Home Front Legacy 1914-18

Claire Corkill, Chris Kolonko, 2020

Data copyright © Council for British Archaeology unless otherwise stated

This work is licensed under a Creative Commons Attribution 4.0 International License.
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Claire Corkill, Chris Kolonko (2020) Home Front Legacy 1914-18 [data-set]. York: Archaeology Data Service [distributor] https://doi.org/10.5284/1059297

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Introduction

Home Front Legacy 1914-18

Home Front Legacy 1914-18 (HFL) was a community engagement project co-ordinated by the Council for British Archaeology (CBA), working with Historic England (HE) and partners across the UK. The project ran throughout the First World War Centenary (2014-2018) and enabled communities to enhance the future protection and understanding of First World War sites across the UK through the development of educational resources, skills training workshops and an online recording app and searchable site database.

Inspiration for the project came in part from the CBA’s Defence of Britain project which ran from 1995-2001 recording the militarised landscape of the UK and identifying a significant number of First World War remains. Building on this, the Home Front Legacy project aimed to record not only the military remains but also the broad variety of other sites associated with the period such as public spaces, allotments and village halls.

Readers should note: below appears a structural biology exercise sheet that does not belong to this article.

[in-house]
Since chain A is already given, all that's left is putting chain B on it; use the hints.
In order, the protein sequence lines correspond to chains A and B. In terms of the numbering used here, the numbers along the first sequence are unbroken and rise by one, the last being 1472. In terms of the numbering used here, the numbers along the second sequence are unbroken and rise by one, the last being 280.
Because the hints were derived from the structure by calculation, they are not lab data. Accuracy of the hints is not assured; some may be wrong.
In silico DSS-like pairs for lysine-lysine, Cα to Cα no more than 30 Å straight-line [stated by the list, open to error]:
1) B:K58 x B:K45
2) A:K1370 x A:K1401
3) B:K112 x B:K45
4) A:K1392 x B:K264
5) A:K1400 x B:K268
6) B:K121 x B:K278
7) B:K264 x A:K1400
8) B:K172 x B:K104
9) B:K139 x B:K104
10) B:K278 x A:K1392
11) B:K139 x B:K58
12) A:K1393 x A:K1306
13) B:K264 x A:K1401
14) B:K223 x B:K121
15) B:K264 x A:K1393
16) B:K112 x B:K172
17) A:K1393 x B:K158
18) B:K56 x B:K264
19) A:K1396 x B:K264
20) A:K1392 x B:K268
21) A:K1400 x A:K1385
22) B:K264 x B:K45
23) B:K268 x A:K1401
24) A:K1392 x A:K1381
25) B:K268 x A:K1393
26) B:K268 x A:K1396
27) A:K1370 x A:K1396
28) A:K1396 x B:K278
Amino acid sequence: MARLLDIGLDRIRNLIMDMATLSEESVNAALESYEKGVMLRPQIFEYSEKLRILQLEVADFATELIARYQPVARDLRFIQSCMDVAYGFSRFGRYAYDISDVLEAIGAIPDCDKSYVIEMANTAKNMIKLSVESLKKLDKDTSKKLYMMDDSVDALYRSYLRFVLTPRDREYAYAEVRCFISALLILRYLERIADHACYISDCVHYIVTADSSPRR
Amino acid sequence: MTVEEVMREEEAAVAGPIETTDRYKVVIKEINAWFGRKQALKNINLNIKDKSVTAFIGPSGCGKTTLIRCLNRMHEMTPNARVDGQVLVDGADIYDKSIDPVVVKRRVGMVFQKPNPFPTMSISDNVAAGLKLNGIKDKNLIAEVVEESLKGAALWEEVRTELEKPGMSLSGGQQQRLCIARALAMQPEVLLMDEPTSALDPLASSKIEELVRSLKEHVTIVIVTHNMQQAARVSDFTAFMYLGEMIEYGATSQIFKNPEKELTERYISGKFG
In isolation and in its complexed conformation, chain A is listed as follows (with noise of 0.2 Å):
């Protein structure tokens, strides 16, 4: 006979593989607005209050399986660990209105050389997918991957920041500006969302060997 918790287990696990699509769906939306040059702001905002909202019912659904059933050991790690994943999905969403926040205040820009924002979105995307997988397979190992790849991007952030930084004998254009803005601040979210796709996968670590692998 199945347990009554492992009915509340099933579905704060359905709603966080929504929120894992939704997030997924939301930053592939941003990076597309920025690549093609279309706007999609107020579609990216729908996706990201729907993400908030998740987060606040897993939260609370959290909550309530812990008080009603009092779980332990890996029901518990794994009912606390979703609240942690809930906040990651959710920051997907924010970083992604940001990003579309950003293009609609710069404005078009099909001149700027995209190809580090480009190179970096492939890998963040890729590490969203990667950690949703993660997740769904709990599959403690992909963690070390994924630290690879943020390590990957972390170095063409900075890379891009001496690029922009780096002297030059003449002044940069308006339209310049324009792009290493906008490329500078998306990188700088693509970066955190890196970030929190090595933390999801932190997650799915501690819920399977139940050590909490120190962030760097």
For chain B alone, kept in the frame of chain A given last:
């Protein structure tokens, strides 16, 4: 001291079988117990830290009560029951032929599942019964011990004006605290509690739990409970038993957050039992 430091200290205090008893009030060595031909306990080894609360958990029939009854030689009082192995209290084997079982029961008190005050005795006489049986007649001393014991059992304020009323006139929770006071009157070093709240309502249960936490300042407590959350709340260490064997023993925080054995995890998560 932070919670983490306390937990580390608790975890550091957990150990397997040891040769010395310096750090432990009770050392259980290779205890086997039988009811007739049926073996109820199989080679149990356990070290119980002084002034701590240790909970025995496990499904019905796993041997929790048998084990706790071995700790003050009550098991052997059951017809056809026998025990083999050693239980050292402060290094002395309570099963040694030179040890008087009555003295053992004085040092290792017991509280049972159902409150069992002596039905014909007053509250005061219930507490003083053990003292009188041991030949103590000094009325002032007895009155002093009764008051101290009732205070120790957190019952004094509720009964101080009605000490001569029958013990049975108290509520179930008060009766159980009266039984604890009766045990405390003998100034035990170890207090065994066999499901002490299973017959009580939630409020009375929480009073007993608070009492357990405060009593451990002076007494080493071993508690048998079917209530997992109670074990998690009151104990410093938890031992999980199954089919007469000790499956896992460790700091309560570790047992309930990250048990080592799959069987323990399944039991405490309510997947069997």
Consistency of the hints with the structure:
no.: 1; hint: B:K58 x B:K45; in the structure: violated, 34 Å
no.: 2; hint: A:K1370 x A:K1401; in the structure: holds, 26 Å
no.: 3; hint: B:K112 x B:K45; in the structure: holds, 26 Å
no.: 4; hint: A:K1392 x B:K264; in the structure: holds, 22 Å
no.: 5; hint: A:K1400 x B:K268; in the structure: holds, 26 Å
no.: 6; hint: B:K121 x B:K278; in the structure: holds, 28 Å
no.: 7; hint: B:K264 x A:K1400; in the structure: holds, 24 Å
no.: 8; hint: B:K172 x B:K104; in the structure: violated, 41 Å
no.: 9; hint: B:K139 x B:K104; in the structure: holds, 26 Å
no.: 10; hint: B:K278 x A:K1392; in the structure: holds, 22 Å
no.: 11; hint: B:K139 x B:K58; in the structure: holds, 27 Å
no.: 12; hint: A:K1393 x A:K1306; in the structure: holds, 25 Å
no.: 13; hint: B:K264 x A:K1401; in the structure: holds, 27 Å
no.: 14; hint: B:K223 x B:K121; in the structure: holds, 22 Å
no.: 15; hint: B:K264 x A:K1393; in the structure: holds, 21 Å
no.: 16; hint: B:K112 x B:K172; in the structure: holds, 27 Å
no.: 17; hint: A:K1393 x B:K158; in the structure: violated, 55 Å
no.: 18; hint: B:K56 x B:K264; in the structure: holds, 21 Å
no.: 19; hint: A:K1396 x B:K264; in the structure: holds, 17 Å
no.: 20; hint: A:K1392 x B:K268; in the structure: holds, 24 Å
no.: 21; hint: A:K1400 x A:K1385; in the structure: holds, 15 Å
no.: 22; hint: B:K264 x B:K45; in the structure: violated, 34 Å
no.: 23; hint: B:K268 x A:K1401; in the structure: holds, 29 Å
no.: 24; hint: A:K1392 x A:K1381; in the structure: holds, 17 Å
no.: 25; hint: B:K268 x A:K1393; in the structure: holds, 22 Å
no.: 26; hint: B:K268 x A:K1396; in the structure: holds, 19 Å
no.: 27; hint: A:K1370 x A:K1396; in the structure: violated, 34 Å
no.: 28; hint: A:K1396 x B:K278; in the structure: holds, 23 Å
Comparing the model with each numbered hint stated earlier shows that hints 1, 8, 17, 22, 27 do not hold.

Prior to Home Front Legacy little archaeological investigation of the First World War Home Front had been conducted, with many sites remaining to be re-discovered and recorded accordingly. The project data gathered by volunteers and partner projects will allow archaeologists and heritage organisations to assess survival rates of First World War era archaeological sites and buildings throughout the UK.

Running over four years, the project developed a variety of approaches to encourage individuals of all ages and backgrounds to get involved. These included an accessible online recording app, workshops and a suite of learning resources for young people. Over the course of the project over 5,000 sites have been recorded, many of which will be significant new additions to the archaeological record.

The project data is now fixed and will not be updated further. However, any further information and new sites can be recorded through local Historic Environment Records/Sites and Monuments Records.


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